Under-reporting of milder cases of novel coronavirus (2019-nCoV) infections in Wuhan and other parts of Hubei province, China, may have exaggerated the fatality rate of new disease.
A report by Reuters noted that fatalities caused by the virus are overwhelmingly concentrated in Wuhan.
It accounted for 73 percent of deaths due to 2019-nCoV despite having only one-third of reported infections – or one death for every 23 reported infections.
The figure drops to 1-in-50 reported cases in China and 1-in-114 cases outside of China.
According to Reuters, experts say this discrepancy is due to shortages of testing equipment and hospital beds in Hubei, and under-reporting of milder cases.
“In an outbreak, you really have to interpret fatality rates with a very sceptical eye, because often it's only the very severe cases that are coming to people's attention,” the report quoted Amesh Adalja, an expert in pandemic preparedness at the Johns Hopkins Center for Health Security in Baltimore, as saying.
“It's very hard to say those numbers represent anything like the true burden of infection,” he added.
He reportedly estimates the current fatality rates to be below one percent.
Currently, 24,551 confirmed 2019-nCoV cases have been reported worldwide, of which there had been 492 deaths. These figures suggest a fatality rate of two percent.
The Reuters report said a one percent fatality rate would place the actual number of 2019-nCoV infections at over 49,000 cases.
For comparison, the Severe Acute Respiratory Syndrome (SARS) outbreak in 2003 that killed 774 people had a fatality rate of 9.6 percent, and is believed to be slightly more infectious than 2019-nCoV. Estimates vary, but both viruses are believed to be similarly infectious.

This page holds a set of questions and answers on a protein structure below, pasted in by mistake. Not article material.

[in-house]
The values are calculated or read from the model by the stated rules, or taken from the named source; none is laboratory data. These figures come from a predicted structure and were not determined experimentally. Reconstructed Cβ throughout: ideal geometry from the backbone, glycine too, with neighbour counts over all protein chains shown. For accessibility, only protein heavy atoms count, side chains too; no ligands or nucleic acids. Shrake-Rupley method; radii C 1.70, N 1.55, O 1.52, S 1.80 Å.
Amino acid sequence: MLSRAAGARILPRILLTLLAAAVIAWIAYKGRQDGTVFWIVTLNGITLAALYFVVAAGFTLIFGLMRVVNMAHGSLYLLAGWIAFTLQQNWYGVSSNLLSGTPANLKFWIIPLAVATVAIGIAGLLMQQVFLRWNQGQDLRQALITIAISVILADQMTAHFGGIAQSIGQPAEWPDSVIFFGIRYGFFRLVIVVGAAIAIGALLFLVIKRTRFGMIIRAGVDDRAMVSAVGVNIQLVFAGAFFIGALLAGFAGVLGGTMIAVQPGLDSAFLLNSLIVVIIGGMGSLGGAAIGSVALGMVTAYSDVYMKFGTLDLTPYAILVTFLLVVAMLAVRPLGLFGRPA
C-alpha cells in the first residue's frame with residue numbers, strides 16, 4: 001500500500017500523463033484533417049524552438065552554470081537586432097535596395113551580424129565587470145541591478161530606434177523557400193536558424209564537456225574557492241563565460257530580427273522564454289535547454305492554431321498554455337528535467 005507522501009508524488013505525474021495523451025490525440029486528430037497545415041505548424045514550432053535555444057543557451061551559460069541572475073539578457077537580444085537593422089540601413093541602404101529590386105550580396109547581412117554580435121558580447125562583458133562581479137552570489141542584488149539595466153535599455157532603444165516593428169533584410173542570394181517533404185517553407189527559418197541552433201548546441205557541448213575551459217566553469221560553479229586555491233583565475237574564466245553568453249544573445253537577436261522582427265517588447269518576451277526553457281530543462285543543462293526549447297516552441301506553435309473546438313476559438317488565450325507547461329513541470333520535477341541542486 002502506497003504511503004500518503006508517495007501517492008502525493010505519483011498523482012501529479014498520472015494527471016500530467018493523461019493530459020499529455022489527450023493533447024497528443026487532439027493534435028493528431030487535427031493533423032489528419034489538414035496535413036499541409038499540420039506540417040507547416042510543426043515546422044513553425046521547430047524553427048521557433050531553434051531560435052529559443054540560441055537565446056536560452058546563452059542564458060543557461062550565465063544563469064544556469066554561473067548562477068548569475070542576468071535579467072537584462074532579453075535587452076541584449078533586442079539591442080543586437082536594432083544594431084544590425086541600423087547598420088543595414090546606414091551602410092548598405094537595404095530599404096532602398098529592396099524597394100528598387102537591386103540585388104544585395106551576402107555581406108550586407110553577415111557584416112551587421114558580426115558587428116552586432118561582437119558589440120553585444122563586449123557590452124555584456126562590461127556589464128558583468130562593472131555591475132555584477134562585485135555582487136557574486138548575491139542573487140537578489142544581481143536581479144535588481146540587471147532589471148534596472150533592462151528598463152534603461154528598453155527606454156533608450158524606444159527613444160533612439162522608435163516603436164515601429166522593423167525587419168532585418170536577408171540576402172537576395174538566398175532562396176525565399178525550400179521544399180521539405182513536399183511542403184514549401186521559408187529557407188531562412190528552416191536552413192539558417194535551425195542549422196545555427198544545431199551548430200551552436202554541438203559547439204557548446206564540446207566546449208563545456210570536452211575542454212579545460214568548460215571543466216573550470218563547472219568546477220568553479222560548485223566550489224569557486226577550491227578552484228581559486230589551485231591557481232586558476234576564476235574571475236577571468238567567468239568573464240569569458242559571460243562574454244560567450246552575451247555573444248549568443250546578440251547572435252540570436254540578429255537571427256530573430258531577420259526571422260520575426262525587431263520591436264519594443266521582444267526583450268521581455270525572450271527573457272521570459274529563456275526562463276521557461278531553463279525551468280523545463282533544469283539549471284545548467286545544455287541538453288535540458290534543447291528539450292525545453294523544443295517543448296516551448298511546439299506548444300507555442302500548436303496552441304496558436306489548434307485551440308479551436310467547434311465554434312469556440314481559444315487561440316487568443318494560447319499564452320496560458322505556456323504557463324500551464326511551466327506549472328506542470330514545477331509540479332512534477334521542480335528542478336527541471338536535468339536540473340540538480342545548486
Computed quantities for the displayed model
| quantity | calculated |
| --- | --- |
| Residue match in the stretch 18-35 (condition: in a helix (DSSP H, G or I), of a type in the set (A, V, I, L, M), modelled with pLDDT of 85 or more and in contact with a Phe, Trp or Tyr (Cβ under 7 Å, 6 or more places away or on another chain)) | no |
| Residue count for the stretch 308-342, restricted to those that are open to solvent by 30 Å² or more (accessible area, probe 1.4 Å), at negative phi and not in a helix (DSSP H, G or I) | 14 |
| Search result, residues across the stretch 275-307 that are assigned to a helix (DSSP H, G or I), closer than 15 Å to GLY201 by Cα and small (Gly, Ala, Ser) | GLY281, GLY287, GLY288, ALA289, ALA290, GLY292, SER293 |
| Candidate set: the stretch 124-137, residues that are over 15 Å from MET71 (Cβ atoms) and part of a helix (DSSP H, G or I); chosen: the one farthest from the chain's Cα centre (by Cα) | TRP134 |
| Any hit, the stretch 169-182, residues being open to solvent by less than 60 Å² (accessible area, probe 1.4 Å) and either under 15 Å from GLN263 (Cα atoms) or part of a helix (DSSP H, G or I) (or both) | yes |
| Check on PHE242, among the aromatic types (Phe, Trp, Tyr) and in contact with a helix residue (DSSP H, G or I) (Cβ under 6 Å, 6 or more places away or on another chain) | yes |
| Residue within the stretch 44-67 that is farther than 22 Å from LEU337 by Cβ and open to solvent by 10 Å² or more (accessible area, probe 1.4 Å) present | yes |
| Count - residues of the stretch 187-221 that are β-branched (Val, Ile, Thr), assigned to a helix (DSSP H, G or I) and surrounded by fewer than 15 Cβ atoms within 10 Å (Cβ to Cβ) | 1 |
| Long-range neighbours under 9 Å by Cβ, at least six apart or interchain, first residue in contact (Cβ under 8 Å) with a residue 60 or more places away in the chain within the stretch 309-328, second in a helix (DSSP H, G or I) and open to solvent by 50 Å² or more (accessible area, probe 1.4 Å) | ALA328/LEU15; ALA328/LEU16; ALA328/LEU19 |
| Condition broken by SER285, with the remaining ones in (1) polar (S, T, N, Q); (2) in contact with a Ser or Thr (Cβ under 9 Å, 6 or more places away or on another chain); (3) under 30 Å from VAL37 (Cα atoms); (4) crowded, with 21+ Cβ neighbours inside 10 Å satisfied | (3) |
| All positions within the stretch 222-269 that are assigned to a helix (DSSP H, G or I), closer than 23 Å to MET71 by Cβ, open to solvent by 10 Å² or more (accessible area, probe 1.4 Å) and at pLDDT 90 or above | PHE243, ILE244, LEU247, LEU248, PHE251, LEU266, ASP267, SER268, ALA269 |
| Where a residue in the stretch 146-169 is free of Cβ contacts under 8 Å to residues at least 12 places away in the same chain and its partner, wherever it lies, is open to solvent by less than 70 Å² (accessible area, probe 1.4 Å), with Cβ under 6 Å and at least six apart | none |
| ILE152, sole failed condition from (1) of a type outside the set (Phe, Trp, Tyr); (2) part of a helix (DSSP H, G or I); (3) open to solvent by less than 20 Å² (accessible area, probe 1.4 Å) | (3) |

In a separate development, a modelling study published in the medical journal The Lancet on Jan 31 estimated that there were 75,815 cases of 2019-nCoV infections in Wuhan alone, as of Jan 25.
At the time, official figures reported only 1,297 cases in the whole of China, and 1,320 worldwide.
The Lancet report by a group of Hong Kong University scientists also said the city-wide quarantine imposed by the Chinese government on Wuhan would have a negligible effect in curtailing the spread of the disease to the rest of the country.
Based on an analysis of outbound travel statistics from Wuhan, and the estimated size of the outbreak, it said local epidemics would already taking root in multiple cities outside Wuhan by the time the quarantine took effect on Jan 23.
Meanwhile, the Reuters report said several patients with mild symptoms in Wuhan had claimed to have been turned away from hospitals in the past few weeks due to lack of resources, while others have opted to self-isolate.
“There is no use going to the hospital because there is no treatment,” Wuhan resident Wang Meiping, 31, was quoted as saying in a phone interview.
She said she and her sister both believed they have mild cases of the virus after their mother tested positive, but they had not been tested.
University of Toronto epidemiologist David Fishman noted that when the H1N1 influenza outbreak first emerged in 2009, its case fatality rate was estimated at 10 percent.
“They turned out to be incredibly wrong,” Reuters quoted him as saying.
“As the denominator is growing in terms of case numbers, and case fatality goes down and down... you start to realise it's everywhere,” he said.